By a News Reporter-Staff News Editor at Cancer Gene Therapy Week -- Current study results on Biotechnology have been published. According to news reporting originating in Albuquerque, New Mexico, by NewsRx journalists, research stated, "Field cancerization denotes the occurrence of molecular alterations in histologically normal tissues adjacent to tumors. In prostate cancer, identification of field cancerization has several potential clinical applications."
The news reporters obtained a quote from the research from the University of New Mexico Health Sciences Center, "However, prostate field cancerization remains ill defined. Our previous work has shown up-regulated mRNA of the transcription factor early growth response 1 (EGR-1) and the lipogenic enzyme fatty acid synthase (FAS) in tissues adjacent to prostate cancer. Immunofluorescence data were analyzed quantitatively by spectral imaging and linear unmixing to determine the protein expression levels of EGR-1 and FAS in human cancerous, histologically normal adjacent, and disease-free prostate tissues. EGR-1 expression was elevated in both structurally intact tumor adjacent (1.6 x on average) and in tumor (3.0 x on average) tissues compared to disease-free tissues. In addition, the ratio of cytoplasmic versus nuclear EGR-1 expression was elevated in both tumor adjacent and tumor tissues. Similarly, FAS expression was elevated in both tumor adjacent (2.7 x on average) and in tumor (2.5 x on average) compared to disease-free tissues. EGR-1 and FAS expression is similarly deregulated in tumor and structurally intact adjacent prostate tissues and defines field cancerization. In cases with high suspicion of prostate cancer but negative biopsy, identification of field cancerization could help clinicians target areas for repeat biopsy. Field cancerization at surgical margins on prostatectomy specimen should also be looked at as a predictor of cancer recurrence."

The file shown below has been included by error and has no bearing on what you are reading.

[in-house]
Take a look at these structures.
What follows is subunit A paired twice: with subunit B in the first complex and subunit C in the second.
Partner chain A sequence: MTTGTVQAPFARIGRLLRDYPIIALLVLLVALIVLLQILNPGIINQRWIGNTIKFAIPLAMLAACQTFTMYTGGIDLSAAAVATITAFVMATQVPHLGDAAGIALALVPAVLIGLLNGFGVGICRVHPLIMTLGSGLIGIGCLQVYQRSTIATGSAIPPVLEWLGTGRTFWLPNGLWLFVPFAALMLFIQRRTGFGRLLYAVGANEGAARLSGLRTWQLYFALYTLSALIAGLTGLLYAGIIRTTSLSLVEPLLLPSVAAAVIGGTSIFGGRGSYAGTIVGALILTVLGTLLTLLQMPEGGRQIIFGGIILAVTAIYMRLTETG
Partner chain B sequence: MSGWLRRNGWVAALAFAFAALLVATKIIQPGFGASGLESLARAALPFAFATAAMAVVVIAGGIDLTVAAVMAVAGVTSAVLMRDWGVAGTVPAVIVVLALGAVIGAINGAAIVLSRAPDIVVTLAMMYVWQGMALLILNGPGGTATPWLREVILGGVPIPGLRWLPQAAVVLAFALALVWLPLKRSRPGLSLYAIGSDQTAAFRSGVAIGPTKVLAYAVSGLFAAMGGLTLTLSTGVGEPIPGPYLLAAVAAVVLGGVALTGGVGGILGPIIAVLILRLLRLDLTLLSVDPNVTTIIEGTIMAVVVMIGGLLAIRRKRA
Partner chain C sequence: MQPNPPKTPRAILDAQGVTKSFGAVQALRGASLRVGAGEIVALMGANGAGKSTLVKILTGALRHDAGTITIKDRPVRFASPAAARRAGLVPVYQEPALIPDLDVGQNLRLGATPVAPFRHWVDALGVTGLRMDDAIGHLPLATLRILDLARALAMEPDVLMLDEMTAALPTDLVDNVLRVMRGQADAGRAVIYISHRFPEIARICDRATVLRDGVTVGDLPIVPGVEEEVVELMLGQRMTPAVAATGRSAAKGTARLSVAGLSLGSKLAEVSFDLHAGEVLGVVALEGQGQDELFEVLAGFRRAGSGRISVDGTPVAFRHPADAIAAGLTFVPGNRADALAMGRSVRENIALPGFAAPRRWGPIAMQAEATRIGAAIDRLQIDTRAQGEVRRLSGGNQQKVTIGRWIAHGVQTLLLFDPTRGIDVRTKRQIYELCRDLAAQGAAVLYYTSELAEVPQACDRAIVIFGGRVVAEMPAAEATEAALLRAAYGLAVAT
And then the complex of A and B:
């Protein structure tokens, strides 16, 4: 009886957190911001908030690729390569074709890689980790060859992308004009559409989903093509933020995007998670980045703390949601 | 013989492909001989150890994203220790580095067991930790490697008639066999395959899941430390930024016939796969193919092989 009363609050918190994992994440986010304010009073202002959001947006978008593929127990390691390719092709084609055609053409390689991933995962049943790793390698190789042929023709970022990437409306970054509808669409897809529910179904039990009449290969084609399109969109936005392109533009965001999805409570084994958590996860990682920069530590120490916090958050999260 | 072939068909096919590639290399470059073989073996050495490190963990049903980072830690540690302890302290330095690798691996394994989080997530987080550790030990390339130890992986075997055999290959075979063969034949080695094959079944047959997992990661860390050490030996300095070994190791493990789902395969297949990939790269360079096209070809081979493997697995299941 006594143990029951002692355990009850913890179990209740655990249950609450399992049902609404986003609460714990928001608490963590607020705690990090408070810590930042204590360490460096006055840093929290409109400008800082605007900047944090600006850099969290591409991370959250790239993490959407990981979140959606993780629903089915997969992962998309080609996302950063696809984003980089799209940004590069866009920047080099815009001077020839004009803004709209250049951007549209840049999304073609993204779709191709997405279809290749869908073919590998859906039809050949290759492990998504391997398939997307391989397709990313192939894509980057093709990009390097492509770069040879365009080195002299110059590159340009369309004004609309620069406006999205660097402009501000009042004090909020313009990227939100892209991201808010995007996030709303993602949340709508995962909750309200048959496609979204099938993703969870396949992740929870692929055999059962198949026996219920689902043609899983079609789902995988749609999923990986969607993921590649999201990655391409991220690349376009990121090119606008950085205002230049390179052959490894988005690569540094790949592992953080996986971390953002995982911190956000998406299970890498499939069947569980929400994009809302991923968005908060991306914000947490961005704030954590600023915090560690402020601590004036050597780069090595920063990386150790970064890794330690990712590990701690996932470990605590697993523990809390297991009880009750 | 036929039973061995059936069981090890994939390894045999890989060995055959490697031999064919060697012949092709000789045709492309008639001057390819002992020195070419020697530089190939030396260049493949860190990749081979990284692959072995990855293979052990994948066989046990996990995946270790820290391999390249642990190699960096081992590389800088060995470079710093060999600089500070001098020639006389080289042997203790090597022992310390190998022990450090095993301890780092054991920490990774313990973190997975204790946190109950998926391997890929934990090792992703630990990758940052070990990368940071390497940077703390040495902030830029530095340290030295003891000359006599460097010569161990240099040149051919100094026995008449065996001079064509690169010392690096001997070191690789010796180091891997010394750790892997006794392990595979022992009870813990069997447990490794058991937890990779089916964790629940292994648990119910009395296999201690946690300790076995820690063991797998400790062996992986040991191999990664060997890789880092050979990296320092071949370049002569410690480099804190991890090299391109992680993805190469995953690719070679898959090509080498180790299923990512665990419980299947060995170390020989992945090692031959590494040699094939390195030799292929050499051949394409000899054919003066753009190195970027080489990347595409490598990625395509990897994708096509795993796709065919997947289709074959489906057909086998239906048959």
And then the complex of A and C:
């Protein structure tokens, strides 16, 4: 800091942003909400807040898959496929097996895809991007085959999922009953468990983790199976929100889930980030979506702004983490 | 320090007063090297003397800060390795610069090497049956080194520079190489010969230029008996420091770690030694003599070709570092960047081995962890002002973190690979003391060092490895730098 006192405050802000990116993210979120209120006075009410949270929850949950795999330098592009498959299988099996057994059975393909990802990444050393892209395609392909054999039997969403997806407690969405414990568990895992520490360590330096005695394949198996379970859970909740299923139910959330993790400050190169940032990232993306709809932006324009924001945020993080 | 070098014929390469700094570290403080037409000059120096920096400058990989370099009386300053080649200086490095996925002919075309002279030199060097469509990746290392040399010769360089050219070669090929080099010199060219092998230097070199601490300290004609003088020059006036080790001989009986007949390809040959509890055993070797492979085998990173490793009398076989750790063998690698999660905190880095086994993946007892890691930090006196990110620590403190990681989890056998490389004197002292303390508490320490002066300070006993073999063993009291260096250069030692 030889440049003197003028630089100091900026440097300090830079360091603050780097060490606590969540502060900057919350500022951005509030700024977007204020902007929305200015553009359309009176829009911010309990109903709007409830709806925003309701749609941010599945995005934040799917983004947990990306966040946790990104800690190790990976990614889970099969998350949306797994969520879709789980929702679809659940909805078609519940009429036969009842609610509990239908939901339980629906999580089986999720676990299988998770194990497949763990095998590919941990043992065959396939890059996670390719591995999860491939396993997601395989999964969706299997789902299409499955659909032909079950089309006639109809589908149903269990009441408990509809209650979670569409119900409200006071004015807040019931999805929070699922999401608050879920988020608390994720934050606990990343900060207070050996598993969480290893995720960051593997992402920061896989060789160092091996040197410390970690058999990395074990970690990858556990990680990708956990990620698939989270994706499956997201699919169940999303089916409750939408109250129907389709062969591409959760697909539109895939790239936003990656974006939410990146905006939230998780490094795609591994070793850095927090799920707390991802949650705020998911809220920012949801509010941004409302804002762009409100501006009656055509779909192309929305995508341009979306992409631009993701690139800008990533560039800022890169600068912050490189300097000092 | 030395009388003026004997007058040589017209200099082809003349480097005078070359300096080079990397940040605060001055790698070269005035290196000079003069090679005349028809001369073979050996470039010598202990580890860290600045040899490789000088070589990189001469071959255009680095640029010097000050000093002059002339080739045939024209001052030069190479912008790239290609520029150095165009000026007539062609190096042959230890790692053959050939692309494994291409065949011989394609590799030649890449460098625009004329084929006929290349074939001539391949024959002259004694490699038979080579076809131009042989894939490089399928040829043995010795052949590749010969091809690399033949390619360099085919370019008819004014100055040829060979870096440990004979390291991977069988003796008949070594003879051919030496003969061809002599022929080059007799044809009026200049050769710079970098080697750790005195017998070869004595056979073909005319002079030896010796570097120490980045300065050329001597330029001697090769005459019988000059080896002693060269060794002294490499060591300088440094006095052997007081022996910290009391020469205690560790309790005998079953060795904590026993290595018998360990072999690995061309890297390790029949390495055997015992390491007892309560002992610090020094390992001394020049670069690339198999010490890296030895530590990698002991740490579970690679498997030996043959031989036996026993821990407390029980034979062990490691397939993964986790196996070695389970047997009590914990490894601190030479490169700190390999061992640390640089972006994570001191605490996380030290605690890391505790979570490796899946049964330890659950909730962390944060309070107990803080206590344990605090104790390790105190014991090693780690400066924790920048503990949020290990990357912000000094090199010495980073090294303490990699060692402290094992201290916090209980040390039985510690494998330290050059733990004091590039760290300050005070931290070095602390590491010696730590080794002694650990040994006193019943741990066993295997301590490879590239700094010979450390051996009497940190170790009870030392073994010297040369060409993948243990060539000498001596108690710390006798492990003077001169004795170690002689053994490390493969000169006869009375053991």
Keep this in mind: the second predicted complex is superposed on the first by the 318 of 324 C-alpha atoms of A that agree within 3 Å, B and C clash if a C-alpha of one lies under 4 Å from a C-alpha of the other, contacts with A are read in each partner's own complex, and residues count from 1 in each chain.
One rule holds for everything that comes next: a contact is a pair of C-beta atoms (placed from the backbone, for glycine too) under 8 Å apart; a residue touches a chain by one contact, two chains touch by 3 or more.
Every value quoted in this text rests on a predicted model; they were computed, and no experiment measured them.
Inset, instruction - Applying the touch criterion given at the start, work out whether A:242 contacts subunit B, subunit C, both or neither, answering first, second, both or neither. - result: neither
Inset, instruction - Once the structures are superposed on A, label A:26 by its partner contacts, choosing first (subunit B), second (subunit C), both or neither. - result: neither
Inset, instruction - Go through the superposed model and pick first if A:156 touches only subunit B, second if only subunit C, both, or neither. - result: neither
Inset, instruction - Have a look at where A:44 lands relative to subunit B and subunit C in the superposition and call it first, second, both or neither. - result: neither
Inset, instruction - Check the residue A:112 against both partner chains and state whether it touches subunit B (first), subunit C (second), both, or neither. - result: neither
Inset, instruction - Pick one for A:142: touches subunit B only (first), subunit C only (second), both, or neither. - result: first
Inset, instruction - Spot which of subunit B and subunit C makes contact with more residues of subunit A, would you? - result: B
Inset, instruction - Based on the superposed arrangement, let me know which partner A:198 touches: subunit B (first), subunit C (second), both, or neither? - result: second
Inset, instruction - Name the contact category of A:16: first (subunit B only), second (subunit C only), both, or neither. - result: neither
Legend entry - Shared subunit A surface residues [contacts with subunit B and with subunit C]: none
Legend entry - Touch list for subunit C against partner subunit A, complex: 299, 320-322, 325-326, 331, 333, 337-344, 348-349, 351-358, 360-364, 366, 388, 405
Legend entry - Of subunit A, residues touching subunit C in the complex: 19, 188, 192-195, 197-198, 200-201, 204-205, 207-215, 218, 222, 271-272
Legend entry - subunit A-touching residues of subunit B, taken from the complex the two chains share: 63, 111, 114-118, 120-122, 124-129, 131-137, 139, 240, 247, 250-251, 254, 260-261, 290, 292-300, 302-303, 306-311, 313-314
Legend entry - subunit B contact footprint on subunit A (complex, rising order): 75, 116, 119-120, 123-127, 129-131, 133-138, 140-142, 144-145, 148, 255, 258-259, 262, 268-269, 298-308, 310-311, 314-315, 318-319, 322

According to the news reporters, the research concluded: "EGR-1 and FAS could also serve as molecular targets for chemoprevention."
For more information on this research see: Early growth response 1 and fatty acid synthase expression is altered in tumor adjacent prostate tissue and indicates field cancerization. The Prostate, 2012;72(11):1159-70 (see also technology.html">Biotechnology).
Our news correspondents report that additional information may be obtained by contacting A.C. Jones, Dept. of Biochemistry and Molecular Biology, University of New Mexico Health Sciences Center, Albuquerque, NM 87131, United States. Additional authors for this research include K.A. Trujillo, G.K. Phillips, T.M. Fleet, J.K. Murton, V. Severns, S.K. Shah, M.S. Davis, A.Y. Smith, J.K. Griffith, E.G. Fischer and M. Bisoffi.
Keywords for this news article include: Biotechnology, Biopsy, Surgery, Oncology, Synthase, New Mexico, Albuquerque, United States, Prostate Cancer, Cancer Gene Therapy, Prostatic Neoplasms, Enzymes and Coenzymes, North and Central America, Operative Surgical Procedures.
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